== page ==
The easiest way to help someone incorporate a new habit is to 1) help them do something they already want to do, and 2) tie it to something they’re already doing. Starting a new habit is hard enough. How can you be a triathlete if you’ve never even done a 5k? Rather than focus on the big goal, take a small part of it and tie to existing behavior.

What’s an anchor anyway? 

An anchor is an action that you already do. It should be done at the same time of day you’d like to try your new behavior and with the same frequency. These anchors over time will form cues to try your new behavior. Here are some sample anchors along with some behaviors you could try linking them to.

After I set my bag down at work … I will practice meditation for 1 minute.
After I sit down to start my workday … I will create a three-item list with my top priorities.
After I finish eating lunch … I will go for a walk around the room.After I brush my teeth … I will floss one tooth.After I park my car in the morning … I will message my spouse words of encouragement.


The power of these anchors is that they will create more moments for you to take action. If habit formation is like the game of baseball, using anchors is the difference between getting to the plate 3 times in a game or just once. Those extra at-bats will automatically improve your odds of succeeding with a behavior regardless of the size. Pair that with the Tiny Habits method of starting small, and you really can’t lose.

The first step of anchoring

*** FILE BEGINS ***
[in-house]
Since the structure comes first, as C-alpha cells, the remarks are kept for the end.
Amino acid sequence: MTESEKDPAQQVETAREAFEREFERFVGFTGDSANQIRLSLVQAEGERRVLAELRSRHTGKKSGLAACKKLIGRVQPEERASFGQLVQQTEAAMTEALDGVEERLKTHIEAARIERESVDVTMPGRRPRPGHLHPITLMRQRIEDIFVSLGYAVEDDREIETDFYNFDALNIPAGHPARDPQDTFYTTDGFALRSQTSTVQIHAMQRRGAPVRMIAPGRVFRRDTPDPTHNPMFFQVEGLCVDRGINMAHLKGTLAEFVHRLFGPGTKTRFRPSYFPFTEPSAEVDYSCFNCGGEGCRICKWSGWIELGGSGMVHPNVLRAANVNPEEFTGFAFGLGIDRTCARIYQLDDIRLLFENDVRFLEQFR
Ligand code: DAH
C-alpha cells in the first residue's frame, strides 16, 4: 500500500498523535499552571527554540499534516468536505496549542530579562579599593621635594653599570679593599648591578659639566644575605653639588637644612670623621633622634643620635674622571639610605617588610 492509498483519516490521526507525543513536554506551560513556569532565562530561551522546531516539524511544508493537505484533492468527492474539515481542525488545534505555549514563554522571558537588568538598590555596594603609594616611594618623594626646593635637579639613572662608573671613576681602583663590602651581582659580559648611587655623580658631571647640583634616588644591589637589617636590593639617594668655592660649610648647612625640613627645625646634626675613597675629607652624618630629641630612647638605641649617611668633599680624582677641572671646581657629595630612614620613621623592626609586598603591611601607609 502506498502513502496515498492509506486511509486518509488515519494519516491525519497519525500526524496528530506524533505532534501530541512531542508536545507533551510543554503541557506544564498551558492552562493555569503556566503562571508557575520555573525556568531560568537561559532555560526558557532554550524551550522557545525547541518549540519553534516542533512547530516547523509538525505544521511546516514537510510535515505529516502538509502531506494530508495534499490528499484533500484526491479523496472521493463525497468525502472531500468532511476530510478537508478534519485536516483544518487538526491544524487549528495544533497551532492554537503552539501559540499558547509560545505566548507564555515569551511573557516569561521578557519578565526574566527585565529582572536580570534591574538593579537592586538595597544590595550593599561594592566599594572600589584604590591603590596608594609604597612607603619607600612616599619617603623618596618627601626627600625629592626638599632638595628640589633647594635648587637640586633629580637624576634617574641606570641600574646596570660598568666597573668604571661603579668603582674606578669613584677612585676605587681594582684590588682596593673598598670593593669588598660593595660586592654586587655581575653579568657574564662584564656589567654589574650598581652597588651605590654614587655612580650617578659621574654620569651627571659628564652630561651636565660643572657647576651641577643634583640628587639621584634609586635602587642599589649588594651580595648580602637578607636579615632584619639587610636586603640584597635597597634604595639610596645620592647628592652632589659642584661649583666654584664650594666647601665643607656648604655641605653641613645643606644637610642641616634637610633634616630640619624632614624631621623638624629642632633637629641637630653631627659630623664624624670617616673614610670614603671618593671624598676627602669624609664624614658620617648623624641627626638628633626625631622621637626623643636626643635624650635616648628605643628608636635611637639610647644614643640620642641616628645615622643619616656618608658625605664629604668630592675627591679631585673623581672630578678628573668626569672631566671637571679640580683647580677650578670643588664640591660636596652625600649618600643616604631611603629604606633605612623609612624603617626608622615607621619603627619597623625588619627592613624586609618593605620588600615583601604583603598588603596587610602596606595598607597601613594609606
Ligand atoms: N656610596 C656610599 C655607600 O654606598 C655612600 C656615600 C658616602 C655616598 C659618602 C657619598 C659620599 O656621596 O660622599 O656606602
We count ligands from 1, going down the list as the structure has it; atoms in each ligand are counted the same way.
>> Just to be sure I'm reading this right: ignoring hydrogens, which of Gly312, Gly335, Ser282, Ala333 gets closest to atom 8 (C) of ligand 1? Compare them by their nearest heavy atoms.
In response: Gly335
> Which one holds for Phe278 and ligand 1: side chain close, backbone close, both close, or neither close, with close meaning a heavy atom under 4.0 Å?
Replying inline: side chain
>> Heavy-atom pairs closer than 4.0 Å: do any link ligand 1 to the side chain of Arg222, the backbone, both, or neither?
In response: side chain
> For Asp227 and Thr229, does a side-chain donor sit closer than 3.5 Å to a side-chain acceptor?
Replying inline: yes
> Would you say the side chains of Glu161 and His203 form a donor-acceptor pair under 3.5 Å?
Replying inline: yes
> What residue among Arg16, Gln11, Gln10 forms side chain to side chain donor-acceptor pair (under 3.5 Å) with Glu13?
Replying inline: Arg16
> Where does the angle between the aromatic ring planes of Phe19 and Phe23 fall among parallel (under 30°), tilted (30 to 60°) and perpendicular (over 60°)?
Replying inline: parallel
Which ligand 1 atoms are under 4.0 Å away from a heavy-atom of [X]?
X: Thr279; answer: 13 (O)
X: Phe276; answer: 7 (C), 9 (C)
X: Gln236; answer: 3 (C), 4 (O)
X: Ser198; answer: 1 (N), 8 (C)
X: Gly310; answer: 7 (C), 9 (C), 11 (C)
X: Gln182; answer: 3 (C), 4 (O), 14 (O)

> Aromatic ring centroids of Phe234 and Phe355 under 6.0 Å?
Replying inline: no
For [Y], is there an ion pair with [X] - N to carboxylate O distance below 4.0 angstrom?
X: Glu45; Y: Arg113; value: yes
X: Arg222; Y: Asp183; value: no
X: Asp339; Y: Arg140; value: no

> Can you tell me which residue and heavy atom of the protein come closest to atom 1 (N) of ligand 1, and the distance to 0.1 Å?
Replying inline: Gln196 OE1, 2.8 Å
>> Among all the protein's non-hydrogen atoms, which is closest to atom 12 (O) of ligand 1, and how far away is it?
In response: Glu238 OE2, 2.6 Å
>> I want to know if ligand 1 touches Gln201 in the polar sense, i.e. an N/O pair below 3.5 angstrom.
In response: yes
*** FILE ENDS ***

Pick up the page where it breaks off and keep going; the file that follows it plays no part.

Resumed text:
The first step of using anchors is to create a list of all the things in your day that you do with regularity. This will range from meals, trips to an office, calls with a loved one, or trips to the bathroom. From here, create a list of the behaviors that you are looking to perform as habits. Are you looking to practice mindfulness and meditation? Connect with a loved one? Learn a language?

Match the behaviors to the anchors that make the most sense. To determine a good fit ask: 

  1. Can this behavior be done in the same place as my anchor? For example you might want to clean your car more, but linking that behavior to the after I brush my teeth anchor will be difficult, unless you have a way of cleaning your car all the way inside the house. 
  2. Does this seem like something I can actually do? If you’ve ever bitten off more than you can chew, you know this question has a lot of power. If the behavior doesn’t seem right, try starting smaller. Instead of running a mile, start with putting on your running shoes. It’s much easier to scale up a behavior once you are doing it everyday than to start big, fail, and try to bounce back.
  3. Why do I want to do this behavior? So often we think of behaviors at a surface level. Exercise is good for me so I should do it. But why do you care about cycling? You can get exercise other ways. Is it the fact that you can do it with friends? Is it part of an identity that you are looking to create? By linking behaviors back to their root aspirations you can find behaviors that tie back to a core aspiration you’re interested in. 

The combination of these three questions will not only tell you which anchors and behaviors are likely combinations, but also give you a way to determine which behaviors to try first. Whether you are designing a new behavior for yourself or a family member, anchors give you the best chance of taking a behavior and making it a habit.